EGU General Assembly 2021
© Author(s) 2021. This work is distributed under
the Creative Commons Attribution 4.0 License.

Wave Attenuation Performance of Floating Breakwater Needs to be Evaluated by Using Irregular Waves

Chien Ming Wang1, Huu Phu Nguyen1, Jeong Cheol Park1, Mengmeng Han1, Nagi abdussamie2, and Irene Penesis2
Chien Ming Wang et al.
  • 1The University of Queensland, School of Civil Engineering, Australia (
  • 2Australian Maritime College, University of Tasmania, Launceston, Tasmania, Australia (

Floating breakwaters have been used to protect shorelines, marinas, very large floating structures, dockyards, fish farms, harbours and ports from harsh wave environments. A floating breakwater outperforms its bottom-founded counterpart with respect to its environmental friendliness, cost-effectiveness in relatively deep waters or soft seabed conditions, flexibility for expansion and downsizing and its mobility to be towed away. The effectiveness of a floating breakwater design is assessed by its wave attenuation performance that is measured by the wave transmission coefficient (i.e., the ratio of the transmitted wave height to the incident wave height or the ratio of the transmitted wave energy to the incident wave energy). In some current design guidelines for floating breakwaters, the transmission coefficient is estimated based on the assumption that the realistic ocean waves may be represented by regular waves that are characterized by the significant wave period and wave height of the wave spectrum. There is no doubt that the use of regular waves is simple for practicing engineers designing floating breakwaters. However, the validity and accuracy of using regular waves in the evaluation of wave attenuation performance of floating breakwaters have not been thoroughly discussed in the open literature. This study examines the wave transmission coefficients of floating breakwaters by performing hydrodynamic analysis of some large floating breakwaters in ocean waves modelled as regular waves as well as irregular waves described by a wave spectrum such as the Bretschneider spectrum. The formulation of the governing fluid motion and boundary conditions are based on classical linear hydrodynamic theory. The floating breakwater is assumed to take the shape of a long rectangular box modelled by the Mindlin thick plate theory. The finite element – boundary element method was employed to solve the fluid-structure interaction problem. By considering heave-only floating box-type breakwaters of 200m and 500m in length, it is found that the transmission coefficients obtained by using the regular wave model may be smaller (or larger) than that obtained by using the irregular wave model by up to 55% (or 40%). These significant differences in the transmission coefficient estimated by using regular and irregular waves indicate that simplifying assumption of realistic ocean waves as regular waves leads to significant over/underprediction of wave attenuation performance of floating breakwaters. Thus, when designing floating breakwaters, the ocean waves have to be treated as irregular waves modelled by a wave spectrum that best describes the wave condition at the site. This conclusion is expected to motivate a revision of design guidelines for floating breakwaters for better prediction of wave attenuation performance. Also, it is expected to affect how one carries out experiments on floating breakwaters in a wave basin to measure the wave transmission coefficients.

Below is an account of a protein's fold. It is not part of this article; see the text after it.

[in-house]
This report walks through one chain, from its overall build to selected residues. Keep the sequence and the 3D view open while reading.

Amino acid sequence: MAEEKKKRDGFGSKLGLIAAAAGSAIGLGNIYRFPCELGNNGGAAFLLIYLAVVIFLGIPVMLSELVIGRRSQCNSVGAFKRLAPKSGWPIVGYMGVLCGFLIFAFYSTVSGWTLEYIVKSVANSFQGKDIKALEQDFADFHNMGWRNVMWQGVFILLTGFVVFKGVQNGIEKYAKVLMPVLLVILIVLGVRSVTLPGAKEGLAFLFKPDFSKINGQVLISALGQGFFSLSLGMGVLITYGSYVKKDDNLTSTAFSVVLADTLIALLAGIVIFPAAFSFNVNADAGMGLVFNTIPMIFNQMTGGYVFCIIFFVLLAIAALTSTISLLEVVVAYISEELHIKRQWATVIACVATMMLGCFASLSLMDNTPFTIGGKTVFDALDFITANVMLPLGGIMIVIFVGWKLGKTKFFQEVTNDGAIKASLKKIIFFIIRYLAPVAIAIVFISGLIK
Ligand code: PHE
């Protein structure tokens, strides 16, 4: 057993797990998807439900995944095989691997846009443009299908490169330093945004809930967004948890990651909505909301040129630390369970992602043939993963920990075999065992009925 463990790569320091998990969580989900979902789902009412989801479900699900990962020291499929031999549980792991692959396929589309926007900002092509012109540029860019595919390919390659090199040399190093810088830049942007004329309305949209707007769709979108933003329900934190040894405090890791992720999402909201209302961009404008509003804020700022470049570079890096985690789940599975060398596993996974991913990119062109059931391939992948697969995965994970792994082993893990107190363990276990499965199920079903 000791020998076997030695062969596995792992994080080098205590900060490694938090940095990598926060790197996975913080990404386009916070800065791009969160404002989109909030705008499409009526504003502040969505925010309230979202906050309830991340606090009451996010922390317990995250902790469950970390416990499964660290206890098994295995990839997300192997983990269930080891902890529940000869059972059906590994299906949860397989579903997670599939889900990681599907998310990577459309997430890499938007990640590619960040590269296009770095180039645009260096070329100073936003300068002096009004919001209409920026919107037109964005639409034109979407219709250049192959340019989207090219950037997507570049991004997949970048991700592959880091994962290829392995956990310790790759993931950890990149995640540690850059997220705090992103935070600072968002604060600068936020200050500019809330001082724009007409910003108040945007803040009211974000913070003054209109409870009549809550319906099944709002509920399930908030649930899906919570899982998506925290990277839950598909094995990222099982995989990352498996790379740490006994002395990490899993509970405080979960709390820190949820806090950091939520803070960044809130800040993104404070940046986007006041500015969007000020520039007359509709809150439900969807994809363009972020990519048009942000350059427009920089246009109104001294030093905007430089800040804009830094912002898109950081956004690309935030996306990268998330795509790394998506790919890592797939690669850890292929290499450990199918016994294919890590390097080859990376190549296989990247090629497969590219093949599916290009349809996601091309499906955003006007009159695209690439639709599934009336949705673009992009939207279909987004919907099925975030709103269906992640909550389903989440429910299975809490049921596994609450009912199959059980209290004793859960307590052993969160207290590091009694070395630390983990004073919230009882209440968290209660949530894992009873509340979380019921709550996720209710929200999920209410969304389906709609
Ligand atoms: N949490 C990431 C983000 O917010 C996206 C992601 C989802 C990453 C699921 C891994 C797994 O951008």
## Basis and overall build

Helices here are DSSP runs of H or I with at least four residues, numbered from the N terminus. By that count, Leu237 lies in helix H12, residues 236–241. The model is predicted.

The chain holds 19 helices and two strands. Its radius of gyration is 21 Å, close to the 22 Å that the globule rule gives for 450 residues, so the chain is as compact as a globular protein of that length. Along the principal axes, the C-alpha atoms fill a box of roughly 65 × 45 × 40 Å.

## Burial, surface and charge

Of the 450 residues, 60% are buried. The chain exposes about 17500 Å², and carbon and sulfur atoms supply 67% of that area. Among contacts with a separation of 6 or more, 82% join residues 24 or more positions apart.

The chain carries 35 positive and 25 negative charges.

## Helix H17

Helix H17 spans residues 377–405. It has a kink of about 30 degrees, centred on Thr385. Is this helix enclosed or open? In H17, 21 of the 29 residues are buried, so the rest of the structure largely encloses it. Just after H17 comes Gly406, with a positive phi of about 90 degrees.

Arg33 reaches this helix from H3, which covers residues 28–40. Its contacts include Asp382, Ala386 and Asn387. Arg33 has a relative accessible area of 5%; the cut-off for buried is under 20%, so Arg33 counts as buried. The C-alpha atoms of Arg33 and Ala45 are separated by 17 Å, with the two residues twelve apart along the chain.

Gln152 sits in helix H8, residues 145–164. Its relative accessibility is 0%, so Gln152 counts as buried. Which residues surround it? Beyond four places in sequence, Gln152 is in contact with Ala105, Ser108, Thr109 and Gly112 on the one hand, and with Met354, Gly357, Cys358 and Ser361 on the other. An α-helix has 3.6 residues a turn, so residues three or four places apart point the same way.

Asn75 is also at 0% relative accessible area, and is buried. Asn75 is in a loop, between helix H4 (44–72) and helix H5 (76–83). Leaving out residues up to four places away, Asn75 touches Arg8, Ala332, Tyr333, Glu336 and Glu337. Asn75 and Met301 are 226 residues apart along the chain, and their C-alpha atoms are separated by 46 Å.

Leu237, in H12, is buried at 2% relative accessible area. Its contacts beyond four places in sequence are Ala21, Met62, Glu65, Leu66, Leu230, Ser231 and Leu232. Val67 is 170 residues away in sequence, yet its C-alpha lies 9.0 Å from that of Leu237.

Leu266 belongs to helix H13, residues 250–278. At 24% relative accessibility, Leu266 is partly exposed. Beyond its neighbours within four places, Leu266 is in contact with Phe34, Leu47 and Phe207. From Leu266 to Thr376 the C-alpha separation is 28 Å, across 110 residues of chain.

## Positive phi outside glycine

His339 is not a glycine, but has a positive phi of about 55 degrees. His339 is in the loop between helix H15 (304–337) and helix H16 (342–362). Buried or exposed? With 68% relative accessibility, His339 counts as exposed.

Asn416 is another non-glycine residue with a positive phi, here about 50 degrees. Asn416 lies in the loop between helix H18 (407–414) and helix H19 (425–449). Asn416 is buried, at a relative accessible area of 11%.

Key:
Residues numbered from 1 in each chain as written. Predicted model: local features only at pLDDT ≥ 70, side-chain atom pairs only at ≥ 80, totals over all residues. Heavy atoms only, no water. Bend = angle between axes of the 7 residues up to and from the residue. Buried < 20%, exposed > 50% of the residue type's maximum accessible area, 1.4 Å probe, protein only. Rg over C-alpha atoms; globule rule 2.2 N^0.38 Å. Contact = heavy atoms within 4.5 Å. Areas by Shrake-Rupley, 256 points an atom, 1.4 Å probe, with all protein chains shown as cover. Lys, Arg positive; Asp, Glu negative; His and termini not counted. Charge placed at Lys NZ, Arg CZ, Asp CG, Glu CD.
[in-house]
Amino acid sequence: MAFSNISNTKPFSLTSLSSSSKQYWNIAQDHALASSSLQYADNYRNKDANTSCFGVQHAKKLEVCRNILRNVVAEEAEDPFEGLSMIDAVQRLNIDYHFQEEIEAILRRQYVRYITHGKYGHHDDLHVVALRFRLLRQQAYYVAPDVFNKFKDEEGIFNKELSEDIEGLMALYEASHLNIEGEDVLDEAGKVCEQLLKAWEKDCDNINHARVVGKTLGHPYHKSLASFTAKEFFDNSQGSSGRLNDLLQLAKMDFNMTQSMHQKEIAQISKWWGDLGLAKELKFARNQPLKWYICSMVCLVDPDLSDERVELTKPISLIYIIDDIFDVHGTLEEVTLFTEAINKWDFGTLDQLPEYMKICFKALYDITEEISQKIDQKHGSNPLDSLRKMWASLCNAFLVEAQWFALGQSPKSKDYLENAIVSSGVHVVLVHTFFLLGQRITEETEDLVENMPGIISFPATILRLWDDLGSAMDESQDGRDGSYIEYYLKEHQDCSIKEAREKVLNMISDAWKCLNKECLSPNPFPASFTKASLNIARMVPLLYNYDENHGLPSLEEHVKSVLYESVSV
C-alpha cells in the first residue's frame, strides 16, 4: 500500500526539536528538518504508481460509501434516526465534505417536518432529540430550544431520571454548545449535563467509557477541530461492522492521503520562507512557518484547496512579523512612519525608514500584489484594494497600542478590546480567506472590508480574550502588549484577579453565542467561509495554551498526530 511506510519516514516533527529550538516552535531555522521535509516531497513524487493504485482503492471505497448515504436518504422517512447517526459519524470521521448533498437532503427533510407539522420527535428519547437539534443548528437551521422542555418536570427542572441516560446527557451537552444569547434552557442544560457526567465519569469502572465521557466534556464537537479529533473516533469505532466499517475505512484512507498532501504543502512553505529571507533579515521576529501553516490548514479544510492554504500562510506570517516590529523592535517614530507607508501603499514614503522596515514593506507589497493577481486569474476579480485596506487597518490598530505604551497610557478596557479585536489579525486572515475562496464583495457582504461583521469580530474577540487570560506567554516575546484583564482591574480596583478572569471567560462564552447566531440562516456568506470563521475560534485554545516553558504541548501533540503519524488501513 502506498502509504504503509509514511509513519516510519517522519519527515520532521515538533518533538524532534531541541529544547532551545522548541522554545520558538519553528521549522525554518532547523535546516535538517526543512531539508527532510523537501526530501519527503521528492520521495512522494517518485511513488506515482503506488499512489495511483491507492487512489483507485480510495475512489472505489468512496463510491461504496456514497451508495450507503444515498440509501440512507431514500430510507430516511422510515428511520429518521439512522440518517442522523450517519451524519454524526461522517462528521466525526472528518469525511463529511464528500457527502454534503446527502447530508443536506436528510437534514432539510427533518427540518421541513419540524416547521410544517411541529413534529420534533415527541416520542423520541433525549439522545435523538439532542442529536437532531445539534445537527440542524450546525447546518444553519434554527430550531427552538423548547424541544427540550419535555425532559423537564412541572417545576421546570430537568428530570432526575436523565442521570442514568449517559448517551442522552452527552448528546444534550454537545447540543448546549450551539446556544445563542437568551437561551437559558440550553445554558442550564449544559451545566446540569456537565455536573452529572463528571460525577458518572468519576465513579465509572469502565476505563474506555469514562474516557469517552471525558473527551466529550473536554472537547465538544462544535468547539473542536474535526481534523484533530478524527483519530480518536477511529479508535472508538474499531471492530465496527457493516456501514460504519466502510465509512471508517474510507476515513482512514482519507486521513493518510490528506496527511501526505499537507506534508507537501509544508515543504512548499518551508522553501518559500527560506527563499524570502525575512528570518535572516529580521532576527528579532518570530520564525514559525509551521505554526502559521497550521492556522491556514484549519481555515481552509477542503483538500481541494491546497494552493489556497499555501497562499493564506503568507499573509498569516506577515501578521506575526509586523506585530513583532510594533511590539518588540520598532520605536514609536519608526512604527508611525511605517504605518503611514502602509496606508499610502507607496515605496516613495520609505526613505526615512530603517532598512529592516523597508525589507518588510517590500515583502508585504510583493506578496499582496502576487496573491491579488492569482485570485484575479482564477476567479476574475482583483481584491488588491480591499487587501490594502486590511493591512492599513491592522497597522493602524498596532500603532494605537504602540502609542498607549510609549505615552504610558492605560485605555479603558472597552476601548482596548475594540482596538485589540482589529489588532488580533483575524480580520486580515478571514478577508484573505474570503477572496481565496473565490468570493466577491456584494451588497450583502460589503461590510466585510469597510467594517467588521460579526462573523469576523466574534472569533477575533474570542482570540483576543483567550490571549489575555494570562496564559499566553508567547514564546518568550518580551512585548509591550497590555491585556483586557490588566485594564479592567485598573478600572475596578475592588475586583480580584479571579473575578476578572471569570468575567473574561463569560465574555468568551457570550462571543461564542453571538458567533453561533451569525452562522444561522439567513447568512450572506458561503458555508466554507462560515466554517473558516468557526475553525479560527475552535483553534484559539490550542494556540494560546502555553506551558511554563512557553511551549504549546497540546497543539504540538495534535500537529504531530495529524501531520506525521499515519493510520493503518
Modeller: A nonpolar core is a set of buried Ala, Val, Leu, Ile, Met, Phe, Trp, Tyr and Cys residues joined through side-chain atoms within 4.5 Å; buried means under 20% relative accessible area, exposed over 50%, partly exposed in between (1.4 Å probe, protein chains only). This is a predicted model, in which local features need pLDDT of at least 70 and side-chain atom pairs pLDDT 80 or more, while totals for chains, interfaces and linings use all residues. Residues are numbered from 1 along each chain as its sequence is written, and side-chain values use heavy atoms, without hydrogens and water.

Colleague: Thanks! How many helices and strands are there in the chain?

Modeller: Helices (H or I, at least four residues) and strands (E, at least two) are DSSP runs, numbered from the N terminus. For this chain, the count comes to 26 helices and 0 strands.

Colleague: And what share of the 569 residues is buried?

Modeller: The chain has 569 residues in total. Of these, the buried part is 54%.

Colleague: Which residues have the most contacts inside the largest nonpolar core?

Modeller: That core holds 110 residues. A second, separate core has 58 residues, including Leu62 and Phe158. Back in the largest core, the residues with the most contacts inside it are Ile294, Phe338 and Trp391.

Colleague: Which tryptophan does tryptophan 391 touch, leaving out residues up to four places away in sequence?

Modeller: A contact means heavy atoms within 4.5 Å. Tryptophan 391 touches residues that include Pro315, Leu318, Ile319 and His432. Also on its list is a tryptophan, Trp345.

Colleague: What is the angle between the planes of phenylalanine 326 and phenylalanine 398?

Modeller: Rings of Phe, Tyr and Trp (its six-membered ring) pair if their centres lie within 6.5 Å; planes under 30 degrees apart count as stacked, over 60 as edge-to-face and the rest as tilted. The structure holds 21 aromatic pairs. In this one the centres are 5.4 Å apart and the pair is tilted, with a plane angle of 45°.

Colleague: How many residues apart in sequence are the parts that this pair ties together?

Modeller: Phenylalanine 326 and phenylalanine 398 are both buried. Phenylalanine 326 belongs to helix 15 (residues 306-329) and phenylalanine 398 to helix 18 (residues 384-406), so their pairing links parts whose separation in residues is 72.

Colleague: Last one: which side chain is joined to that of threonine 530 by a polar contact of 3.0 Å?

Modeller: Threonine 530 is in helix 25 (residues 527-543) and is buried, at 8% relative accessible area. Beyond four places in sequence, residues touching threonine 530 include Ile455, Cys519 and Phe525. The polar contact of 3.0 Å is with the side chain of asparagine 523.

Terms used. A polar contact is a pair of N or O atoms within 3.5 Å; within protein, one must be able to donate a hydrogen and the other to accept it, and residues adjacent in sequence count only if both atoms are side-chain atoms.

How to cite: Wang, C. M., Nguyen, H. P., Park, J. C., Han, M., abdussamie, N., and Penesis, I.: Wave Attenuation Performance of Floating Breakwater Needs to be Evaluated by Using Irregular Waves, EGU General Assembly 2021, online, 19–30 Apr 2021, EGU21-8113,, 2021.

This abstract will not be presented.